GET TICKETS AT THEBOMFBACTORY.COM
In welterweight main event, Evan Cutts (8-3), a 26-year-old from Dallas, looks for his fourth win in five fights when he meets unseated Jaleel Willis (8-0), a 25-year-old former Bellator and WSOF fighter who has four knockouts in eight career wins.
In the lightweight co-headliner, Damon Jackson (12-2-1), a 29-year-old former UFC fighter and “Fight Master” quarterfinalist who’s 3-1 since his UFC release, looks to continue his success with Legacy FC/LFA when he takes on undefeated Thai Clark (7-0), a 28-year-old who’s 7-0 with five decisions since turning pro in 2014.
The latest LFA 28 lineup includes:
Evan Cutts vs. Jaleel Willis
Thai Clark vs. Damon Jackson
Jose Otavio dos Santos Lacerda vs. Alonzo Menifield
Miles Johns vs. Caio Machado
Tristan Grimsley vs. Steven Peterson
Melvin Jordan vs. Nikolay Veretennikov
Ramiz Brahimaj vs. Chad Box
Legacy Fighting Alliance 28
Legacy Promotions began in late 2006 and has realized what it takes to maintain a longevity and dignity to the sport through steady, organic growth as the key to its success.
Helmed by Houston’s resident Aussie Mick Maynard and his wife Andrea Maynard, the Legacy organization has actually been in the making for many years, as opposed to being an overnight success. As you’ll see in our numbers, we’re talking about over 60 events and 600 fights to iron out the kinks and develop a relationship with corporate sponsors alike.
As an entity, this organization actually started as a small university-based show named Lonestar Beatdown based in College Station, TX back in November of 2006. With the goal back then being chiefly to bring an exciting form of entertainment to students, Mick and crew set forth to deliver a first event that featured nine fights, including current UFC star Anthony Njokuani.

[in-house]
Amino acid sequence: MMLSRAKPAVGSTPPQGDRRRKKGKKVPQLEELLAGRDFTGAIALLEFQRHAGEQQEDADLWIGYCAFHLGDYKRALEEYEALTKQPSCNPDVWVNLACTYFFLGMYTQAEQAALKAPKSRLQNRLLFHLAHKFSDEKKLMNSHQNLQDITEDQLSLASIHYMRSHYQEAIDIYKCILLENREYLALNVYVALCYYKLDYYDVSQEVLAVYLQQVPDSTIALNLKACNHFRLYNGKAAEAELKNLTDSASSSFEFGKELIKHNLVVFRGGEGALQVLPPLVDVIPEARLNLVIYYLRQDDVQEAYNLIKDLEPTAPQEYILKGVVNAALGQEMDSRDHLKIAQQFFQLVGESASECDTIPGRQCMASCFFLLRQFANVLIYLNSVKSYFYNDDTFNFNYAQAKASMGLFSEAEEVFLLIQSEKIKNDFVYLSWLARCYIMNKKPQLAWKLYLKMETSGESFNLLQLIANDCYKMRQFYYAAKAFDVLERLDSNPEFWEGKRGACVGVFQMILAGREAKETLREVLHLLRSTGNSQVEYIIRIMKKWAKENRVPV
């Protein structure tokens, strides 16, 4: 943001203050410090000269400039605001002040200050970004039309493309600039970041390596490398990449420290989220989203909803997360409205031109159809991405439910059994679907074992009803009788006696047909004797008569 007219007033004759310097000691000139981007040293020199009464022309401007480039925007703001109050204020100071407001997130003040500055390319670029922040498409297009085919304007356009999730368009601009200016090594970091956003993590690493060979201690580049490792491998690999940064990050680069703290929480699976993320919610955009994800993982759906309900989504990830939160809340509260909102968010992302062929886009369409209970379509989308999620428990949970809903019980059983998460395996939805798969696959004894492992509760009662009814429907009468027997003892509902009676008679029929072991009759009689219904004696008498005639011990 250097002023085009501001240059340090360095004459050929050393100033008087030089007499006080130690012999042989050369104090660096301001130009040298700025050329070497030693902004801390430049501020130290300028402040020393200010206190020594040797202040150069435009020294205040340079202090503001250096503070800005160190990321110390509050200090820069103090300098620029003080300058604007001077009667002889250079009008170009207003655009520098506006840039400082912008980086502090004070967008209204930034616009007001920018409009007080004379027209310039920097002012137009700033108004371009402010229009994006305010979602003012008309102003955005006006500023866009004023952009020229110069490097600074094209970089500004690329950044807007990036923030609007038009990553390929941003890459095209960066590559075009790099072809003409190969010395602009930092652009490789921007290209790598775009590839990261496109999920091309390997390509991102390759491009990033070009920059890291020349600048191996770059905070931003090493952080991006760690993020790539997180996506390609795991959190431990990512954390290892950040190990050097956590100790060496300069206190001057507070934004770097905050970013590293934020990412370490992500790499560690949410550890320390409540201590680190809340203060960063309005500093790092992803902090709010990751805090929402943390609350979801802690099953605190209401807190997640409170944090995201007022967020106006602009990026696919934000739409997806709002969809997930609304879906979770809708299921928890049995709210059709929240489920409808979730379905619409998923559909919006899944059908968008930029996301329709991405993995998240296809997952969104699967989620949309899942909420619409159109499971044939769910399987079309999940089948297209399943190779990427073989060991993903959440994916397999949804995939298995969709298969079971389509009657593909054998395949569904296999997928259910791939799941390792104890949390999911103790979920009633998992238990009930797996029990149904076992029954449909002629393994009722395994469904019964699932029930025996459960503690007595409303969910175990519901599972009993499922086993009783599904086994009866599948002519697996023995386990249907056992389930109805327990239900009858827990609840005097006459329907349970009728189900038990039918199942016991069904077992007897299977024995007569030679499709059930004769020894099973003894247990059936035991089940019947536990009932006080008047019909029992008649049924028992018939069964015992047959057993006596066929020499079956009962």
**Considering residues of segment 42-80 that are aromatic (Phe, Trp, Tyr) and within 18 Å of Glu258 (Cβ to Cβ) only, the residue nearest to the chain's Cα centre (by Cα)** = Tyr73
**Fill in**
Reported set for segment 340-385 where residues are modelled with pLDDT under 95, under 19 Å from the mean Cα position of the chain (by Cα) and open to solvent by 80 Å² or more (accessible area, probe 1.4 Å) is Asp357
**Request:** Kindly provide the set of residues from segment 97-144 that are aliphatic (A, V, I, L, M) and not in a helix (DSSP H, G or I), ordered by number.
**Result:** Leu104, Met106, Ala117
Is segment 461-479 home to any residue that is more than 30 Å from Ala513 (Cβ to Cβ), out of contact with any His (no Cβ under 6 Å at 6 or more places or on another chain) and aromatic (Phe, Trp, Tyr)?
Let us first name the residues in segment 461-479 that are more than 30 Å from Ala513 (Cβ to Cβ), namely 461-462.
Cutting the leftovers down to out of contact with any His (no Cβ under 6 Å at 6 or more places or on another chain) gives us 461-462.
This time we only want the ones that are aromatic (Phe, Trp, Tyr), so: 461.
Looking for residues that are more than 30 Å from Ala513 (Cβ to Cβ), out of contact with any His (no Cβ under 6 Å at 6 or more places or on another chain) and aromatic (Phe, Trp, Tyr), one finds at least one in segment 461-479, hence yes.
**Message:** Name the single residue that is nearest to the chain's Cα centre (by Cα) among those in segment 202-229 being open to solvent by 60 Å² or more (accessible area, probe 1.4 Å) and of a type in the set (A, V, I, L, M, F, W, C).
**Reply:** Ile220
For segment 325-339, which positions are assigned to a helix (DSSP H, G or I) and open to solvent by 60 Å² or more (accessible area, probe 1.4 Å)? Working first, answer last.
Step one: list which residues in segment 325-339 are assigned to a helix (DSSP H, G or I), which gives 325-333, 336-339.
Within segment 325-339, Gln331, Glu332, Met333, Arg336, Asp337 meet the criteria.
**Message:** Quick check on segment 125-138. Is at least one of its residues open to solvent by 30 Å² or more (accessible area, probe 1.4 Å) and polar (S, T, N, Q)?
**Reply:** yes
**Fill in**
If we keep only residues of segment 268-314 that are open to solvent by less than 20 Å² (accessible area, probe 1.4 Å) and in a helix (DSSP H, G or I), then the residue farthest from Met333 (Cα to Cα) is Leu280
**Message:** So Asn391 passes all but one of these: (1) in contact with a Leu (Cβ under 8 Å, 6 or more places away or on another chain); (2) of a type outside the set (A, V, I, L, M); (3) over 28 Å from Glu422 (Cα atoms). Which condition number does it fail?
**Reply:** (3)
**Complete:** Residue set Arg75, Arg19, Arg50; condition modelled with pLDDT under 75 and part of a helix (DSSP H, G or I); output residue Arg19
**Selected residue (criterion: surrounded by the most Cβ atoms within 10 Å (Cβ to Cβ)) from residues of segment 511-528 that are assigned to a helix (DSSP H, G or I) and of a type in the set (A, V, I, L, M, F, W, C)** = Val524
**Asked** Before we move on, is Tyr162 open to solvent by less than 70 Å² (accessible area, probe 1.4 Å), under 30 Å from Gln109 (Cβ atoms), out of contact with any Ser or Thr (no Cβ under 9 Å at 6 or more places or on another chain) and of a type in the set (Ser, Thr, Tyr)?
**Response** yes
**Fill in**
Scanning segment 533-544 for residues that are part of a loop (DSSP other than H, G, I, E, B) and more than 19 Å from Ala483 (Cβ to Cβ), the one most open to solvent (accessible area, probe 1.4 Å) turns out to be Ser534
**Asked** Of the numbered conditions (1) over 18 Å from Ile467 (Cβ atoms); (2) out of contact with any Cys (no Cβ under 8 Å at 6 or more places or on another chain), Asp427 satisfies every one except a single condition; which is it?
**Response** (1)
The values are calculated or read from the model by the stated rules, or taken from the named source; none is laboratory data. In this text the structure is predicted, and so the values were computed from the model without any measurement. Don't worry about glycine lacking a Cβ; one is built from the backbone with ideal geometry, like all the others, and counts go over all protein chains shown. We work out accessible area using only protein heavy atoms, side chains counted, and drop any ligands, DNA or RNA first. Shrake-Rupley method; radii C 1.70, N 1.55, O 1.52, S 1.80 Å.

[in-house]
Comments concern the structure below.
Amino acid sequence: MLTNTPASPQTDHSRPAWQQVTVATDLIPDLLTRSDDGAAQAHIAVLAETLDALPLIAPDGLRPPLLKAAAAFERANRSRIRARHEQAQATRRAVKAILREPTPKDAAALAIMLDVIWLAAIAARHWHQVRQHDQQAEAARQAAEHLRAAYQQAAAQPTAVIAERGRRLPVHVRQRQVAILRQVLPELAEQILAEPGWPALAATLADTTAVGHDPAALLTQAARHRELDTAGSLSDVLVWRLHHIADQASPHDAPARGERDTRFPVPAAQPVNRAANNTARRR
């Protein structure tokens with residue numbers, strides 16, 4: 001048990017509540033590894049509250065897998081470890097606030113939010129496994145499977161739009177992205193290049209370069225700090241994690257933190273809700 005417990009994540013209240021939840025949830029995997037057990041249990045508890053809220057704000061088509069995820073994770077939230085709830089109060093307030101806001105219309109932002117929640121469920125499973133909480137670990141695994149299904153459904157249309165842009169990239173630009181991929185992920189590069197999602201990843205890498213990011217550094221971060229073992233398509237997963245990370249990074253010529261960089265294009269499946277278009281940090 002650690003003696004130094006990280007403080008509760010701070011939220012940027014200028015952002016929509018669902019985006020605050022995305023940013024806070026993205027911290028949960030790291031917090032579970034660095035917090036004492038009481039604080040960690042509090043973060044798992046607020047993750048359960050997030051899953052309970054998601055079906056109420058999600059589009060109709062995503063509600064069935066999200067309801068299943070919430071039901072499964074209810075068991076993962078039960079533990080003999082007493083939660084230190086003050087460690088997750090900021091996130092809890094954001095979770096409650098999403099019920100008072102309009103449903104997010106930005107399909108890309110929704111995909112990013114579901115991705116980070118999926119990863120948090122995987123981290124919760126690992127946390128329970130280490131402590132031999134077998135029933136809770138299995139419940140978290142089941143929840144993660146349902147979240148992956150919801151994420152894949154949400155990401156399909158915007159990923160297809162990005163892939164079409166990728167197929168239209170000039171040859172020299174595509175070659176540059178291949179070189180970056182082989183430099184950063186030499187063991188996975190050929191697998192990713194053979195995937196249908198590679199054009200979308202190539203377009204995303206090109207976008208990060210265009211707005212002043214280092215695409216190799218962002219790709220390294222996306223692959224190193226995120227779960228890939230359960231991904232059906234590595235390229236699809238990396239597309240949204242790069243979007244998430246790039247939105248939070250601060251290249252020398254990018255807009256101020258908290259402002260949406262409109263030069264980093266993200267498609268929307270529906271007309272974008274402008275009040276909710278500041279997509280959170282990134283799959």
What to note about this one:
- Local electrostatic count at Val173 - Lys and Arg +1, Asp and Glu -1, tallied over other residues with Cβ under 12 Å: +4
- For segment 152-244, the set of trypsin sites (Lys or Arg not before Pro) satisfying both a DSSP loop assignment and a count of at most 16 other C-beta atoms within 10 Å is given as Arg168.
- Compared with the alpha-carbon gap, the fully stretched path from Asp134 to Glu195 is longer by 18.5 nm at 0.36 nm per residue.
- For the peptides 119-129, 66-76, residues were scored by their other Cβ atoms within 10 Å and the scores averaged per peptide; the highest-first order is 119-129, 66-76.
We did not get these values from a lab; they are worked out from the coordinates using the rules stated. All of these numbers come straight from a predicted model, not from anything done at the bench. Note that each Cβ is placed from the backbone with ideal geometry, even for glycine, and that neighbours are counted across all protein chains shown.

Not knowing what to expect or whether the show would even be profitable, the LSBD crew forged ahead into an unknown territory that included taking over six hours to put together a 16×16 cage, forgotten corner buckets / sponges / gauze, etc., and all other kinds of now-comical lessons at Hurricane Harry’s, the original venue and country bar.
One couldn’t exactly say that the show went off “without a hitch,” but it was definitely better than Legacy and the town bargained for. “Lone Star Beatdown” ended up with positive reviews from the student population and fighters alike, despite the fact the place was packed to the brim and the original 16×16 cage was so small that fighters could almost reach out and high-five their opponents.
Our growing promotion would go on to host shows every few months until present day. Each event would aspire to be better than the last and the sum of them all continue to serve as an invaluable learning experience. From putting together the matchups to literally putting together the cage itself (its bigger now), the past several years have been filled with successes and hard lessons learned as the organization grew organically into what it is today.The show went on.
All in all, Lonestar Beatdown summed up to nineteen events starting with the first seven shows in Bryan / College Station before branching out to Huntsville, Ft. Worth, and Houston starting in 2008 – a city that’s served as “home base” ever since then.
Starting with Legacy Fighting Championship 1 in November 2009, the organization has now hosted more than 30 more “numbered” events to go along with Legacy Amateur Series, which evolved and rebranded from the earlier Lonestar Beatdown events. Despite the success and the number of shows completed, the organization is only now starting to mature as well.
Legacy reached an important milestone on July 22nd, 2011 with the first nationally-televised show on AXS.TV, Legacy Fighting Championship 7: Dollar vs. Prater. The organization agreed to a second extension to take them through 2016 with newly branded AXS TV, now broadcast in almost 45 million homes.
With organic growth continuing to be the key and an unwavering passion for the sport, Legacy and the tight-knit MMA crew look forward to a bright future ahead recently being voted number 11 by the Houston Business Journal as one of the cities fastest growing companies.